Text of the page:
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Japan's Tsunami tore off Manhattan-sized iceberg in Antarctica

Using satellite imagery from NASA pictures of Earth, scientists have discovered that earthquake triggered waves struck the Sulzberger Ice Shelf and ripped apart a sizable chunk of it.

Japan's devastating 9.0-magnitude earthquake in March affected the lives of at least 15,600 people, caused the worst nuclear disaster in more than two decades and also broke off nearly 50 square miles of icebergs from Antarctica, NASA scientists report.

The magnitude 9.0 earthquake on March 11 was the fifth most powerful to hit the world in the past century. The quake, which according to the US Geological Survey struck at a depth of 18 kilometres, surpassed the Great Kanto quake of Sept. 1, 1923, which had a magnitude of 7.9 and engulfed more than 140,000 lives in the Tokyo area.

The powerful earthquake had jolted Japan's north-eastern coast, triggering a tsunami that had swept away dozens of cars, boats, and buildings along side the coast. The 13-foot earthquake-triggered tsunami also produced a wave that radiated throughout the rest of the world’s oceans.

Tsunami can cause icebergs
Now it turns out that the effects of the double-headed tragedy were felt as far away as the Antarctic, according to a new study, released by NASA today.

The destructive wave traveled 8,000 miles through the Pacific and Southern Oceans until it battered a 260ft tall wall of ice at the southern tip of Earth, NASA scientists have discovered.

The resulting tsunami caused massive chunks of ice with a combined surface area about twice that of Manhattan in New York to break off from an ice shelf on the coast of Antarctica.

The destructive wave traveled 8,000 miles through the Pacific and Southern Oceans until it battered a 260ft tall wall of ice at the southern tip of Earth, NASA scientists have discovered.

Waves hit Sulzberger Ice Shelf
Using satellite imagery from NASA pictures of Earth, the scientists discovered that 18 hours after the earthquake struck, waves began hitting the Sulzberger Ice Shelf which has barely moved in nearly 50 years.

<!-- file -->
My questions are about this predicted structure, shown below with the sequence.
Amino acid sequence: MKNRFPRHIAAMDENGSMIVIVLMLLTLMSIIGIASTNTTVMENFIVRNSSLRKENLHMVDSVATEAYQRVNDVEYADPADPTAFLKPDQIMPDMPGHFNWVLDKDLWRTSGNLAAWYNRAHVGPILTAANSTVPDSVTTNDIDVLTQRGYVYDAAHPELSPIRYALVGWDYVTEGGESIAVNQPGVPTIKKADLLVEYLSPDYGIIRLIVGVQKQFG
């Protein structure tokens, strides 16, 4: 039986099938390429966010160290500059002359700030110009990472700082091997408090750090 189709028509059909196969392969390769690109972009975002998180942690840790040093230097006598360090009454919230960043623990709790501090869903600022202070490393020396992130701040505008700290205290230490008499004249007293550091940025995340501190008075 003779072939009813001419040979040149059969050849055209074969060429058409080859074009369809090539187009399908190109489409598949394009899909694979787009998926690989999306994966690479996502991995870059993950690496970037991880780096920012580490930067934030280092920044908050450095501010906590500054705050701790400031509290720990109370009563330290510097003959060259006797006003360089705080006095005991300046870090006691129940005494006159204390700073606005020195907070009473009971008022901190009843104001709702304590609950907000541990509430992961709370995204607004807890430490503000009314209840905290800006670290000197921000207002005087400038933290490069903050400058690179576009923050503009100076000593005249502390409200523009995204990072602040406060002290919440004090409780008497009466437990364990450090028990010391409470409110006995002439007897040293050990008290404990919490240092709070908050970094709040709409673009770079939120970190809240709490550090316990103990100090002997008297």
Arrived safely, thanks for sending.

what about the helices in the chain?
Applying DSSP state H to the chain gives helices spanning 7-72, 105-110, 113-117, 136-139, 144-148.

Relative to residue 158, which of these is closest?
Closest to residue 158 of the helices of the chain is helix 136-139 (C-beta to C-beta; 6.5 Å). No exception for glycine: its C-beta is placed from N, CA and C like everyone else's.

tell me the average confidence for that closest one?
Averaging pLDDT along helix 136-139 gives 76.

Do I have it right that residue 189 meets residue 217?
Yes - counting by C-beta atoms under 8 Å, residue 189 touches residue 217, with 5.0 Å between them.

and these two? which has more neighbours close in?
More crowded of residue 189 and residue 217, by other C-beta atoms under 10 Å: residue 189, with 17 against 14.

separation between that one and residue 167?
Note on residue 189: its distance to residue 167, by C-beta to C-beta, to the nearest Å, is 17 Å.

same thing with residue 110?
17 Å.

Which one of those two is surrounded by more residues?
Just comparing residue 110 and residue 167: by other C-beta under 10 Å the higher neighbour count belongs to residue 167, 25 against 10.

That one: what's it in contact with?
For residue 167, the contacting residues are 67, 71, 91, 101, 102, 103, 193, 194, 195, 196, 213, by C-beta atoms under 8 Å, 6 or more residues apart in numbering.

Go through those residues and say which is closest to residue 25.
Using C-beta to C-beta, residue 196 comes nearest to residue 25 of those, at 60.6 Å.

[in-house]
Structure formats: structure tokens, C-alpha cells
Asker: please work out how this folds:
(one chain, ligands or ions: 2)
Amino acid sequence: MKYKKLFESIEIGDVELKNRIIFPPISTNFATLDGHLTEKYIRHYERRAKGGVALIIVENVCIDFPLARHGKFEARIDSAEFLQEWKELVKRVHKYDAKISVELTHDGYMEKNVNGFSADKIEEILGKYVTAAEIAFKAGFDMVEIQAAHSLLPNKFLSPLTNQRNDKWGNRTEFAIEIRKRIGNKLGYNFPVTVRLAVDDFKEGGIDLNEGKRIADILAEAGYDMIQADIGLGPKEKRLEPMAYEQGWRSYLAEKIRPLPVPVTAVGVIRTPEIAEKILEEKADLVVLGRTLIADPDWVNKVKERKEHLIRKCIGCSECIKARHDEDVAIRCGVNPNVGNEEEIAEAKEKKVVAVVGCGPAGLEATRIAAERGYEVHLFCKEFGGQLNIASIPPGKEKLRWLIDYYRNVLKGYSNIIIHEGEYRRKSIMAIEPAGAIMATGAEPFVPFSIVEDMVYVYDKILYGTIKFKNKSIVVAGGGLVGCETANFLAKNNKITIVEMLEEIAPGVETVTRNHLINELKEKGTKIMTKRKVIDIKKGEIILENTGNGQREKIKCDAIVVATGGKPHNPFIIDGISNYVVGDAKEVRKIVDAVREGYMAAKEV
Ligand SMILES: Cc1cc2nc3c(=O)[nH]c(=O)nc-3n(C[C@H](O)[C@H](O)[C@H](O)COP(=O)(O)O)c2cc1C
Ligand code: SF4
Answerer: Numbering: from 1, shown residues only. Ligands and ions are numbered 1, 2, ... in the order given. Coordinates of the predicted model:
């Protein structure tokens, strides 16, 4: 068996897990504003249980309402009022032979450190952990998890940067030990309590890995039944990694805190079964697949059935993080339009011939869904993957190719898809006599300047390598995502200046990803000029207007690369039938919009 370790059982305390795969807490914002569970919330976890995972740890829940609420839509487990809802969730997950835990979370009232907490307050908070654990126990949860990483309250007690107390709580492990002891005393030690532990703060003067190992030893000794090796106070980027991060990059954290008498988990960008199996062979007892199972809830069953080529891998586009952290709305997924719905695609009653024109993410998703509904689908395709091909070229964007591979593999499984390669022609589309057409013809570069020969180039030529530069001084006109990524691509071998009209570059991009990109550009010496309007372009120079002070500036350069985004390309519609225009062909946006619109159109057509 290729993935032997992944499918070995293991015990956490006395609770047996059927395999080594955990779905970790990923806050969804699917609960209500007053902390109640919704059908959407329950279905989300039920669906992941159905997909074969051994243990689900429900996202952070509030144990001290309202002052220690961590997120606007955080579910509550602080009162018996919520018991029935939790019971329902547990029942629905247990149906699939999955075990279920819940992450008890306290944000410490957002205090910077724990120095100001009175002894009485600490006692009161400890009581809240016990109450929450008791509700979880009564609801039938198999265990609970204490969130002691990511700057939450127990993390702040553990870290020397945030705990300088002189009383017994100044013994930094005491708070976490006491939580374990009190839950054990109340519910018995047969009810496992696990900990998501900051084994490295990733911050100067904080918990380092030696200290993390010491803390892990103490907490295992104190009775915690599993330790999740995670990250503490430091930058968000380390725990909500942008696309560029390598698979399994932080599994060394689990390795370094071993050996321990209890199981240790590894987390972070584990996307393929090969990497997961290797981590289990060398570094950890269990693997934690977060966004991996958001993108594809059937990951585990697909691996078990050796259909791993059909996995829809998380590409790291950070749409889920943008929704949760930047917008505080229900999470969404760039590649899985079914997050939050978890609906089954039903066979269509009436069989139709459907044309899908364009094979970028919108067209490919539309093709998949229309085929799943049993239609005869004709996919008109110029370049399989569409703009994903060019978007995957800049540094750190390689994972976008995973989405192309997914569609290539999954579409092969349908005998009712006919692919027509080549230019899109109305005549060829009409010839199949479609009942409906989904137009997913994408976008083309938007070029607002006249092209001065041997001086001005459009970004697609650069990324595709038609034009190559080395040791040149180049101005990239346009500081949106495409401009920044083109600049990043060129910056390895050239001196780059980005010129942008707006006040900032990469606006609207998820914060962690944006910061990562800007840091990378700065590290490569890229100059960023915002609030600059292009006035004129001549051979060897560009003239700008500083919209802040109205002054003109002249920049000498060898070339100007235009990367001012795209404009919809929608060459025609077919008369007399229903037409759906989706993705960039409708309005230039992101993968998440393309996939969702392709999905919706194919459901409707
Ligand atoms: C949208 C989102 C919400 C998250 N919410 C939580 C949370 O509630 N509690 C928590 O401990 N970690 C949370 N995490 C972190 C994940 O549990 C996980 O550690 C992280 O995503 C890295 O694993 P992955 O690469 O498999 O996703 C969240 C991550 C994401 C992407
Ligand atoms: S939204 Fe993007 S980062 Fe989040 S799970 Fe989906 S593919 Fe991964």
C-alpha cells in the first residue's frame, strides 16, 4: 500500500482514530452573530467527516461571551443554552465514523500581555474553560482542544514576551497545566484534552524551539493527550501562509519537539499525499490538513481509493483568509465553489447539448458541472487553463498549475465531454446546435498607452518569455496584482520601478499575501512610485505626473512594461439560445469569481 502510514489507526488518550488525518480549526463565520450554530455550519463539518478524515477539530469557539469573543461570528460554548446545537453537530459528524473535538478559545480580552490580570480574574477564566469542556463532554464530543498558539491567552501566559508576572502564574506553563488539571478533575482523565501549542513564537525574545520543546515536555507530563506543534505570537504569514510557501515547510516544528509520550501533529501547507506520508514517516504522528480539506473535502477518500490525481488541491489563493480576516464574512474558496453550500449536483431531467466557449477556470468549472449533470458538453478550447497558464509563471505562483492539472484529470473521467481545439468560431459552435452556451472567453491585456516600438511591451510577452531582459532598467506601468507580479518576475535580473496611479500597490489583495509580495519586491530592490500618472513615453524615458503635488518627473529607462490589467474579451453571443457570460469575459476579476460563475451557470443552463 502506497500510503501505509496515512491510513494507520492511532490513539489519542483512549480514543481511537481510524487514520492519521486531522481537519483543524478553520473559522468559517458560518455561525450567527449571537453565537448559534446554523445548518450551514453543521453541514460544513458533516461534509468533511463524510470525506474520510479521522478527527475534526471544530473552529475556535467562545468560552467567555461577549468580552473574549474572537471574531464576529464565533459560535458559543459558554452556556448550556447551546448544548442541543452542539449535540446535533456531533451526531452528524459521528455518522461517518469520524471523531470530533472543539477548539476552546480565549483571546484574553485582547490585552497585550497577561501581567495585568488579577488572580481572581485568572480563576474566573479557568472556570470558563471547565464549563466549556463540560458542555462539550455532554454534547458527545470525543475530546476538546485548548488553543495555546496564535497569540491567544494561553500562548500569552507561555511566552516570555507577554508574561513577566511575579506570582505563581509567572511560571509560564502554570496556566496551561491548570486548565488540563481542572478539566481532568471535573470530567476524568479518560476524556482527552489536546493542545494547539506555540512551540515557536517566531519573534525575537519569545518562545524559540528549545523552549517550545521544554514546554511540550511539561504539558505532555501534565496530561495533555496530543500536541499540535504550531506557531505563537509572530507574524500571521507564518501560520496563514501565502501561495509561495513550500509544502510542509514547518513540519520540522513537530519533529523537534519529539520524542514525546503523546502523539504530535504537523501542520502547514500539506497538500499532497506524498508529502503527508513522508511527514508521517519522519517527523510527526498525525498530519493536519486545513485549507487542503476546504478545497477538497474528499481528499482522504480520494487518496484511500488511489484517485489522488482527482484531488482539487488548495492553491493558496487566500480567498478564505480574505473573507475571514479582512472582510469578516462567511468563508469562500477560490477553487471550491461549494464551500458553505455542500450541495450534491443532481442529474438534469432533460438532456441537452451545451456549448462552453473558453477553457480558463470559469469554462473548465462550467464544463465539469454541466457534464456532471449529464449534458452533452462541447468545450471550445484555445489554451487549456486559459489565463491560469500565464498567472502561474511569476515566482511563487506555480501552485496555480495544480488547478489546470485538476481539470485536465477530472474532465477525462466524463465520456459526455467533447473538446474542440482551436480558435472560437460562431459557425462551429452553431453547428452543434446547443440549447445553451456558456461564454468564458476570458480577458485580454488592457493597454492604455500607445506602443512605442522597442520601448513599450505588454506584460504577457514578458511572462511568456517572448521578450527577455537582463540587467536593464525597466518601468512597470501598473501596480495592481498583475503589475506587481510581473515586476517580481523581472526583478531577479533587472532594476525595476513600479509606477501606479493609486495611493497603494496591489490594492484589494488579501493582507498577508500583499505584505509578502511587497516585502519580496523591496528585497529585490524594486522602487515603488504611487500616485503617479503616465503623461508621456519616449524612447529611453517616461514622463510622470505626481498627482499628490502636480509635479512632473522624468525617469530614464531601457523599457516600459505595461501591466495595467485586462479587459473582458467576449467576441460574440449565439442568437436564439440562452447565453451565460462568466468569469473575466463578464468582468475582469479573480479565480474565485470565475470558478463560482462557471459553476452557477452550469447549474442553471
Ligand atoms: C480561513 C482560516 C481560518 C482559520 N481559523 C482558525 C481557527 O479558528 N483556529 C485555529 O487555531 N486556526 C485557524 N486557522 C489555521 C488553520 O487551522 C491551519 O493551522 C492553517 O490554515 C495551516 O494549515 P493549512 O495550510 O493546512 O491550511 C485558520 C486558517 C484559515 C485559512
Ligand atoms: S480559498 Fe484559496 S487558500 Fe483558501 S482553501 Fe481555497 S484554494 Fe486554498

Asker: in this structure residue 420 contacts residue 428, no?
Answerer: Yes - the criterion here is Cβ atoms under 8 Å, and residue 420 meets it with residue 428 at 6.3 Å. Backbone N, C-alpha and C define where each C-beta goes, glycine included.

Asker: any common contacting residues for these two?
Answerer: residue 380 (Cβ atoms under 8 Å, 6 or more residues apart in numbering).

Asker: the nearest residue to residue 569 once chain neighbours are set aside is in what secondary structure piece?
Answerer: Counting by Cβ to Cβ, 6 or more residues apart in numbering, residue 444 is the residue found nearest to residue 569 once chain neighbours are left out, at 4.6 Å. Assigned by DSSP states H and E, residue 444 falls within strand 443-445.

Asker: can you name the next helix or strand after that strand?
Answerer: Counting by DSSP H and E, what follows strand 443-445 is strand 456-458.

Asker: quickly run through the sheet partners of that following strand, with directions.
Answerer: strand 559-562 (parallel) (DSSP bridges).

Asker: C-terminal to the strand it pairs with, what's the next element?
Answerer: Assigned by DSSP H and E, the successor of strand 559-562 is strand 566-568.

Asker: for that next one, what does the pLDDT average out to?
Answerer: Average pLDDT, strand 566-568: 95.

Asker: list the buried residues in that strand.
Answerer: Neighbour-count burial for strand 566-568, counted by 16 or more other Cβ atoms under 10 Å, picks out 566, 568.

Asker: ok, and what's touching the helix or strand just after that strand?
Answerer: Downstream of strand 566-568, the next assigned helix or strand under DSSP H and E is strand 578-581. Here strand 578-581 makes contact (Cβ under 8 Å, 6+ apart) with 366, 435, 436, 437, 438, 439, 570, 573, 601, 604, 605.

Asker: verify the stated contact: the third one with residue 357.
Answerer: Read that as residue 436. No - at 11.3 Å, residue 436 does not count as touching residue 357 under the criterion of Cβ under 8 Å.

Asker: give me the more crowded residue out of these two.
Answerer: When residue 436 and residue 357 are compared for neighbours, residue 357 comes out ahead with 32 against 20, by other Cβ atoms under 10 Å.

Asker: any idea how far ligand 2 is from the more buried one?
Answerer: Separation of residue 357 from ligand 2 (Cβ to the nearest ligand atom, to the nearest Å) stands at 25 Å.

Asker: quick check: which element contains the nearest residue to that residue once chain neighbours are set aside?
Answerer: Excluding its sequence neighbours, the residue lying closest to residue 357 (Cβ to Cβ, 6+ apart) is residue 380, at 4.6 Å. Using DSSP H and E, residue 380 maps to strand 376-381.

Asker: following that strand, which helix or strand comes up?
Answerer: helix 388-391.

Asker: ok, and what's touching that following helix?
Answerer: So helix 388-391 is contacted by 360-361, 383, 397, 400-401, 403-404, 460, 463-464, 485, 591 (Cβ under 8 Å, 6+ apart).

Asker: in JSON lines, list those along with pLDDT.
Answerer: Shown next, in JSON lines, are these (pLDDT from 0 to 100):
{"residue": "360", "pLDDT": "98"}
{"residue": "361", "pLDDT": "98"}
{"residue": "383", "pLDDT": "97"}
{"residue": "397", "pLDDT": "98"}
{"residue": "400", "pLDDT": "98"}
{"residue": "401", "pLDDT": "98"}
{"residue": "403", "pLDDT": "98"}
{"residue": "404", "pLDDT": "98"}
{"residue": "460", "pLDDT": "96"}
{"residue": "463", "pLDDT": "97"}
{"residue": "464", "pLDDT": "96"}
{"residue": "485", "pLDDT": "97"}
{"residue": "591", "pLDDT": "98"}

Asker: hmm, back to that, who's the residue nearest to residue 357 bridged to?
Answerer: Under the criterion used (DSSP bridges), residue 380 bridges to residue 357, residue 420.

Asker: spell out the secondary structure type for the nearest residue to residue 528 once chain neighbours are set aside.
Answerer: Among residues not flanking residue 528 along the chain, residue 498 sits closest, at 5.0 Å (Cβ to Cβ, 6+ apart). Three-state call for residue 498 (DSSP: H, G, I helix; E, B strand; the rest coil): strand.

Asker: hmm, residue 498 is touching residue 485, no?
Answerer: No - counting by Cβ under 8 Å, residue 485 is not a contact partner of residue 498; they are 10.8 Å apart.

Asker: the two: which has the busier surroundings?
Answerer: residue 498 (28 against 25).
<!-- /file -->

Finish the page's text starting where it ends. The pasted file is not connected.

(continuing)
In the study, Kelly Brunt, of NASA's Goddard Space Flight Center in Maryland, and her fellow researchers Douglas MacAyeal of the University of Chicago and Emile Okal of Northwestern University, found that the waves were little more than a foot high when they reached Antarctica.

Brunt said, “We knew right away this was one of the biggest events in recent history - we knew there would be enough swell. And this time we had a source.”

Waves were just 1ft high, but impact was huge
Although the wave was just 1ft high there but its effect was so huge that it broke off more than 50 square miles of ice from the shelf, which is more than 260 feet thick.

“This [is] the first observational evidence linking a tsunami to ice-shelf calving,” the authors wrote

Explaining in an example how the phenomenon took place, Dr. MacAyeal said when soldiers walk across a bridge, they have to break step so as not to run the risk of collapsing it.

“It’s the same principle here,” he said. “Vibrations on the ocean surface caused by the tsunami came into Antarctica and vibrated the surface of the ice at just the resonance frequency, and it just broke.”

The US space agency says the find "marks the first direct observation of such a connection between tsunamis and icebergs."

The research was published in the online edition of the Journal of Glaciology.